Gujarat court confirms jail term for 2 in terror attack


Gandhinagar, May 11 (IANS) The Gujarat High Court Tuesday confirmed the conviction of two people under the Prevention Of Terrorism Act (POTA) for attacking a Surat-based lawyer and rightwing Hindu activist Hasmukh Lalwala as part of their Jihad.

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A division bench of Justice Jayant Patel and Justice Z.K. Saiyed rejected the appeal of Mohammed Ashraf Ismail Nagori and Mohammed Tahir Mohammed Arif Bakaswala against their conviction in a designated POTA court.

The accused men and Lalwala had no personal enmity but the accused persons’ intention was to attack him as part of their Jihad, the court said.

The court observed that the right meaning of Jihad was not to take revenge or inflict violence on the innocent.

“If Jihad means war, then the war is to play a role only if inevitable,” it said.

“Neither Hinduism nor Islam permit revenge. History is witness to the fact that Hindu religion has accepted people from different countries following different religions. Hinduism is based on principle of live and let others live. Likewise, Islam follows the principles of tolerance and peace,” the court said.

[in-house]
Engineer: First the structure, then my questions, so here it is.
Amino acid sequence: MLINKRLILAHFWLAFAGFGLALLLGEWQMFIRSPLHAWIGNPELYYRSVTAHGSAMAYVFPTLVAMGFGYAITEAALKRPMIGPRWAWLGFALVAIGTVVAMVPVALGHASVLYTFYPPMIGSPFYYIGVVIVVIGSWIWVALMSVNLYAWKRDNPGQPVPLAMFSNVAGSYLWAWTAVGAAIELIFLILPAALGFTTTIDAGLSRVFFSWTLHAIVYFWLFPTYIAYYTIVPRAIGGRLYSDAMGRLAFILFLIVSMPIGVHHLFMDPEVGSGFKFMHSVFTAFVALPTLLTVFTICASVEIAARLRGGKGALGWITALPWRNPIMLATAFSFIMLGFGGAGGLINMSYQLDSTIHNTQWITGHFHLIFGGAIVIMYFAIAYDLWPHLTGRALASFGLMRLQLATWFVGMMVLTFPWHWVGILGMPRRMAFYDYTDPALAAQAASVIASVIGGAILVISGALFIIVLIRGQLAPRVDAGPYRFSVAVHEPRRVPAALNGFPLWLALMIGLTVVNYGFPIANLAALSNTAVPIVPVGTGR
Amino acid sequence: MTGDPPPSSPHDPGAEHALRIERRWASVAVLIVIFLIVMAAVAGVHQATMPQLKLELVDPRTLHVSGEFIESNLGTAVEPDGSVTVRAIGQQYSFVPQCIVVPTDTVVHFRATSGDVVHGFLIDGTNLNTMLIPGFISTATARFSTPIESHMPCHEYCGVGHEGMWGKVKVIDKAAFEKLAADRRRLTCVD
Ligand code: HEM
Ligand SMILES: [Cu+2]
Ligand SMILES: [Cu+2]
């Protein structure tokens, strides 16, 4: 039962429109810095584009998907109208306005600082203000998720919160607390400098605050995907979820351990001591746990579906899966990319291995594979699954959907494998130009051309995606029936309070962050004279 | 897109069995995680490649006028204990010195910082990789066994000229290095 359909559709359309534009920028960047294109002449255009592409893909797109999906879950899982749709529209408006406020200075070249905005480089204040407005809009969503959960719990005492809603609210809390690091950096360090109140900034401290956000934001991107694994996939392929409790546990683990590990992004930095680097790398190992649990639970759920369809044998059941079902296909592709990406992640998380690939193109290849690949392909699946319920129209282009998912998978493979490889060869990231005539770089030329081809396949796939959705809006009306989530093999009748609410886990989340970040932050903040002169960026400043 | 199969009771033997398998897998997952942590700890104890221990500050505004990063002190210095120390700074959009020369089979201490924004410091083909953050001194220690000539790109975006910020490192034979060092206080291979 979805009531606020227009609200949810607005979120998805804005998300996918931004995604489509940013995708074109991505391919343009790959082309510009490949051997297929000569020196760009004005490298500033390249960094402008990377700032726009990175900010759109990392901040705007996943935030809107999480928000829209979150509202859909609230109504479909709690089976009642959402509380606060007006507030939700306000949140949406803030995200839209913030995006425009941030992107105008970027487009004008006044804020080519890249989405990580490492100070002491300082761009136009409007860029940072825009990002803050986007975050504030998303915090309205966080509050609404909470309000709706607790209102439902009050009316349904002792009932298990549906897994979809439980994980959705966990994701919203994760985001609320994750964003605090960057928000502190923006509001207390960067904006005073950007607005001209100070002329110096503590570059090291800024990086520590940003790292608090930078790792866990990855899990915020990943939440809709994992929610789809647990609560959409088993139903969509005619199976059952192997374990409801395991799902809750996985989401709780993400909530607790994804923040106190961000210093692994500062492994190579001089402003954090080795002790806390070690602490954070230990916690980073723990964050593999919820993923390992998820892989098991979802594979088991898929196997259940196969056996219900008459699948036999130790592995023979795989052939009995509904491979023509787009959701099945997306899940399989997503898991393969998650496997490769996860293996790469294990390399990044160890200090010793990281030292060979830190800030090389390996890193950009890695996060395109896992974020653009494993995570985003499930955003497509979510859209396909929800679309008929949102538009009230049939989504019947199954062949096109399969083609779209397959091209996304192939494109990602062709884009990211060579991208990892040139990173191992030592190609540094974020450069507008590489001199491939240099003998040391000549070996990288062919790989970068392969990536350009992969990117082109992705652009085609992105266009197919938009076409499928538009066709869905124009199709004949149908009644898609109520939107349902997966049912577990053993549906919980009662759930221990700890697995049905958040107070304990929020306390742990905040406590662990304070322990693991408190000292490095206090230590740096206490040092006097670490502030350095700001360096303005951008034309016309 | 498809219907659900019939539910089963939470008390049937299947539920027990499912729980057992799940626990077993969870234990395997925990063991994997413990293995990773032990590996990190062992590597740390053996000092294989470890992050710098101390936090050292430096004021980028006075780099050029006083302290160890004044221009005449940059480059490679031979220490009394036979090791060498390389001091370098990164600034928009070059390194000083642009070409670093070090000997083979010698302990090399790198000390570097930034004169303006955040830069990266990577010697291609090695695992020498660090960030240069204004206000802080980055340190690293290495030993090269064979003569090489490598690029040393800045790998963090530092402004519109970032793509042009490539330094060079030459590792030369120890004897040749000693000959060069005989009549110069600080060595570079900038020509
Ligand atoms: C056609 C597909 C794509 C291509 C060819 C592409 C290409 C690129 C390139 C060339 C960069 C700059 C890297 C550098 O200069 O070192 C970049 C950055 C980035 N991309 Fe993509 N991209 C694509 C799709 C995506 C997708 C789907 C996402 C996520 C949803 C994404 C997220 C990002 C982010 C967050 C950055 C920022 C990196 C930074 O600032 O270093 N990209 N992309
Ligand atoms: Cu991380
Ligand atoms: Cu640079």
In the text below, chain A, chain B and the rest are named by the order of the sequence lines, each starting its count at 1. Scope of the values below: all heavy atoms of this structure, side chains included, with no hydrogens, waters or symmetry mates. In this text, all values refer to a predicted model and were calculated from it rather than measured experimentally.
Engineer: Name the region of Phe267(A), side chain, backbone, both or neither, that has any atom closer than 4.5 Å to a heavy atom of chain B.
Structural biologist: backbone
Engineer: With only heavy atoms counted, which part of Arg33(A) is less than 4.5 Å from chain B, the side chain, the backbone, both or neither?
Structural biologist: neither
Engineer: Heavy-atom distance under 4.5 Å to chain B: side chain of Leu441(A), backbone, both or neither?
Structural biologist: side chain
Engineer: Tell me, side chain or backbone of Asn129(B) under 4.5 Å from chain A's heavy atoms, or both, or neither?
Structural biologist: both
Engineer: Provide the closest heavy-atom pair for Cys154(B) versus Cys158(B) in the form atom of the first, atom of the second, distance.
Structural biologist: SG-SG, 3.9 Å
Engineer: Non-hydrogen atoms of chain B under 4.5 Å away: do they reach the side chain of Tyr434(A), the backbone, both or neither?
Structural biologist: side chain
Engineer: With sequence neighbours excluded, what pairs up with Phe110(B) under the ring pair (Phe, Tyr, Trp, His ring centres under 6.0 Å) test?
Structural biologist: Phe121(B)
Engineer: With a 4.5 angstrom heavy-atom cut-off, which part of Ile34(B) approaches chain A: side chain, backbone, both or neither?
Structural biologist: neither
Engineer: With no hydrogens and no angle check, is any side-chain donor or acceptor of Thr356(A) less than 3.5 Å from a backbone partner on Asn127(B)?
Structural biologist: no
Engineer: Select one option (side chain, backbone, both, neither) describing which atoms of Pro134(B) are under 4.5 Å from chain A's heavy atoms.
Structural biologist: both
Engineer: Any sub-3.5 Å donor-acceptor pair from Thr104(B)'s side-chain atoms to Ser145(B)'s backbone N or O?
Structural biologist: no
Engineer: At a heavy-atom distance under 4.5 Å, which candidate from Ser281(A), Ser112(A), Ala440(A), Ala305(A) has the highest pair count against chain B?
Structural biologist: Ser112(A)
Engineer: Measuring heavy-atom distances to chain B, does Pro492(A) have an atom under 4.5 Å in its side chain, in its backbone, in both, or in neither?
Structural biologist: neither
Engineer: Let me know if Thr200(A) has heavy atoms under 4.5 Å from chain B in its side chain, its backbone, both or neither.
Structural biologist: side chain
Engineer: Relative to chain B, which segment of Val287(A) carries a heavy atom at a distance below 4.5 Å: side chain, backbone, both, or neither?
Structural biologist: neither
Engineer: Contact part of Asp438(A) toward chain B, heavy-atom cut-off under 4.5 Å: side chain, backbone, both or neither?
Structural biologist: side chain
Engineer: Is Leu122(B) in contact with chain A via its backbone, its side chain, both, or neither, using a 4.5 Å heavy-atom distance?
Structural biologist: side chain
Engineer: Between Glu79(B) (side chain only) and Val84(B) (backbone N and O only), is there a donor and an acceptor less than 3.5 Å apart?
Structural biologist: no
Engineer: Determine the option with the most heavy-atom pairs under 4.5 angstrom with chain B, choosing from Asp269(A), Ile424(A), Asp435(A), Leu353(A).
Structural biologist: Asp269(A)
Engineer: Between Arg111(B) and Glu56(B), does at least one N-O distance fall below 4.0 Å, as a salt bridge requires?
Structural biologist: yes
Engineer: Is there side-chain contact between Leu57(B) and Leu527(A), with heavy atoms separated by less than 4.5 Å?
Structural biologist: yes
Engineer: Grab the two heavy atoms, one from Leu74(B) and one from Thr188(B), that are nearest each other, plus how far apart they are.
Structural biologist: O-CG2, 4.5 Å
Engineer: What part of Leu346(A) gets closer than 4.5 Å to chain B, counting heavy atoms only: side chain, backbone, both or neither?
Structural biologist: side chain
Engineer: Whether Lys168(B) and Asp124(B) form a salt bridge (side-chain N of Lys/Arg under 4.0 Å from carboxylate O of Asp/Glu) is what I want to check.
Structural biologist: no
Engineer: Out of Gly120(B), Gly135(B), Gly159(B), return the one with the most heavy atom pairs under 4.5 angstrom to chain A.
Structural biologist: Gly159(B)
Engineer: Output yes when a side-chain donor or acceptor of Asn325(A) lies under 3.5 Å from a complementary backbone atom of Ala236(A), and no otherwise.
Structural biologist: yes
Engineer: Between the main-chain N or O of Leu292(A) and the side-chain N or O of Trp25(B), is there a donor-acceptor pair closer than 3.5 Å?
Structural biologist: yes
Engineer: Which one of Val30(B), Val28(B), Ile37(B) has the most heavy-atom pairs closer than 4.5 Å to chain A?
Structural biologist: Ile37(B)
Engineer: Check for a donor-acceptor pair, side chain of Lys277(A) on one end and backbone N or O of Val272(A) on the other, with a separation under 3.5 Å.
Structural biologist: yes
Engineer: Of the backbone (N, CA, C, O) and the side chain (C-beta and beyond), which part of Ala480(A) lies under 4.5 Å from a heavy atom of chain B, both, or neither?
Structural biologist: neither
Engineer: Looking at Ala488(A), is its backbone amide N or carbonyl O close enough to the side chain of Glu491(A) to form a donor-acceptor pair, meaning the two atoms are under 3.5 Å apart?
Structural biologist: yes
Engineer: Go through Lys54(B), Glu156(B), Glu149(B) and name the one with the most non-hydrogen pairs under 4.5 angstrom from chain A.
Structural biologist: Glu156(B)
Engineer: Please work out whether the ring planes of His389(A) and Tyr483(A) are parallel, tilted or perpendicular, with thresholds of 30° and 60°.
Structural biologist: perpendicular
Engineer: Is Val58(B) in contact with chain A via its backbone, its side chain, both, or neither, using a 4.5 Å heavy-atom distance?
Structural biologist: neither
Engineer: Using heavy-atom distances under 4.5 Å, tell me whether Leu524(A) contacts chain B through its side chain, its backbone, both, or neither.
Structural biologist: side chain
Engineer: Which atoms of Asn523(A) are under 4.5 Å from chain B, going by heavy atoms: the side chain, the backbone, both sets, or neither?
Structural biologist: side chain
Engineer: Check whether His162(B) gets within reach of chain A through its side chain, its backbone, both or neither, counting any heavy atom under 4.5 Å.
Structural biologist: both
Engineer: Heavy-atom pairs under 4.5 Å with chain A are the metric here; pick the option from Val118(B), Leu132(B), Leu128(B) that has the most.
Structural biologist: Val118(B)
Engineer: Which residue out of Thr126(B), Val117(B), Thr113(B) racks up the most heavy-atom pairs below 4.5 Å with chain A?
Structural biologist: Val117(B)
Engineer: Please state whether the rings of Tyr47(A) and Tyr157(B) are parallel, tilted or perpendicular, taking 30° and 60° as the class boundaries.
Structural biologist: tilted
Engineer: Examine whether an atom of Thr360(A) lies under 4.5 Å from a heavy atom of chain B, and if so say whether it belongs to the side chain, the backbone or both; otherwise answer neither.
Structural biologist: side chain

Designated POTA Judge Soniya Gokani awarded seven years’ rigorous imprisonment and slapped a fine of Rs.20,000 on the two convicts Aug 4, 2005.

They were held guilty of conspiring and attacking Lalwala to create an atmosphere of terror in Surat.

The petitioners contended they were coerced into making confessional statements which had no evidentiary value in the trial.

Counsel for state sought enhancement of the sentence awarded to them by the designated court. But the plea was rejected by the high court.

The division bench observed that attacking Lalwala to teach the Hindu community a lesson was an act to create terror in society.

The court said that such acts by citizens harm the integrity of the nation.

Justice Patel said: “India being a secular nation as a whole cannot force or grant a particular religion to profess. If the citizens of the state encourage divisiveness on the basis of religion, it would lead to division of the nation and certainly damage the unity, integrity and security of the state.”

The two convicts attacked Lalwala May 21, 2002, near a Jain temple in Surat. The victim was shot and injured.

Police booked five people in the case. Two accused have died and one is still absconding.